Acton Ostry Architects

York House Senior School acts as a symbolic gateway to the greater York House campus through a soaring glazed entry portal and skylit circulation crossroads that connects various wings of the existing school. The atrium opens up and interconnects the interior environment at all levels, offering intriguing angles and dynamic views of students circulating in myriad directions. Vivid vertical sunshades create a striking street front presence. Interior finish materials are a spare palette of textured concrete, wood, glass, and stone. Glass-lined circulation routes are embellished with the names of alumna and historic influential women to serve as inspiration for those that follow to work tirelessly for the greater good and create history in their own right.


York House Senior School


Vancouver, BC


York House School


2013, 2020


3,350 m2

campus gateway.

campus gateway


LEED Gold equivalent

awards & recognition

Lieutenant Governor of BC Award
Architizer A+Awards Special Mention
World Architecture News Awards Long List

Canadian Interiors Best of Canada Award

City of Vancouver Urban Design Award

entry crossroads.

entry crossroads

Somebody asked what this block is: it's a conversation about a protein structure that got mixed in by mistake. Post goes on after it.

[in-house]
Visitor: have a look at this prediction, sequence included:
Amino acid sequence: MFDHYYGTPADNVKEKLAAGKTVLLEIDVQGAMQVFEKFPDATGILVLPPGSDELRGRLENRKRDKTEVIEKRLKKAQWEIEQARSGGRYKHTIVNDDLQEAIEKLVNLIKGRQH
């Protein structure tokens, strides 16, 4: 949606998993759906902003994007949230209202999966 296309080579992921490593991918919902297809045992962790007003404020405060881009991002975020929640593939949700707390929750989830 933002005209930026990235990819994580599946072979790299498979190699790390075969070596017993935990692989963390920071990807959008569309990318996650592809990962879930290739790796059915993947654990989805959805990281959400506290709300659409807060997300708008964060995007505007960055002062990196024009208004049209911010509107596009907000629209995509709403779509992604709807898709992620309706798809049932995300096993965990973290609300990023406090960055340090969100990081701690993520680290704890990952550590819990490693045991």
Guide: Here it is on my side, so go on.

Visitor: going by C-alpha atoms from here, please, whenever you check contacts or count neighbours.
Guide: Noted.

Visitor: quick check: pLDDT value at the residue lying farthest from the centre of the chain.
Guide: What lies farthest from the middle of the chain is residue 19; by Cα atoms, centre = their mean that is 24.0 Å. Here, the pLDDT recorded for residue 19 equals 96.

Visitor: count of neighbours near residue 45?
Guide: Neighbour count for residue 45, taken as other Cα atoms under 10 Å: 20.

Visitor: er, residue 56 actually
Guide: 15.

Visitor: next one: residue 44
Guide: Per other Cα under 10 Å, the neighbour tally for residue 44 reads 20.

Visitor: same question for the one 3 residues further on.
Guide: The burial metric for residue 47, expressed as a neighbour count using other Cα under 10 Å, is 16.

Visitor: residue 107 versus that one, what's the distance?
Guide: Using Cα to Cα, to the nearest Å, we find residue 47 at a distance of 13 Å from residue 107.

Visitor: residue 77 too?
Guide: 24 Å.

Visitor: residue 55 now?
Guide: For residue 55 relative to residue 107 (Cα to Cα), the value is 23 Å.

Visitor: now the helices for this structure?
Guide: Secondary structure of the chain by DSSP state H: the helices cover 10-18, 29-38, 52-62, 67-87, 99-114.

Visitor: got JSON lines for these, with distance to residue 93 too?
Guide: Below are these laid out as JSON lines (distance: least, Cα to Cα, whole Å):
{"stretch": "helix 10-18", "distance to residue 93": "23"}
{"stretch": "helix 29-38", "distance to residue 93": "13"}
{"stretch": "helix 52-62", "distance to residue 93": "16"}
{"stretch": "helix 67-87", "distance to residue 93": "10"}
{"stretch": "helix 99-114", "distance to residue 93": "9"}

The new Senior School building unites the York House campus, linking the Senior and Junior Schools, as well as creating flexible learning spaces to foster creativity and collaboration for York House students.

York House Senior School

mid-level crossing.

mid-level crossing

circulation crossroads.

circulation crossroads

informal learning.

informal learning

social lockers.

social lockers

skylit atrium.

skylit atrium

inspirational women and alumni commemoration.

inspirational women and alumni commemoration



STEAM lab entrance.

STEAM lab entrance

STEAM lab maker space.

STEAM lab maker space

STEAM lab exterior.

STEAM lab exterior

campus portal at quadrangle.

campus portal at quadrangle

sunshade detail.

sunshade detail

The overall effect suggests boldness and optimism—a design sensibility that encourages a sense of self-confidence in students. Indeed, it’s as if the building itself exudes self-esteem.

Canadian Architect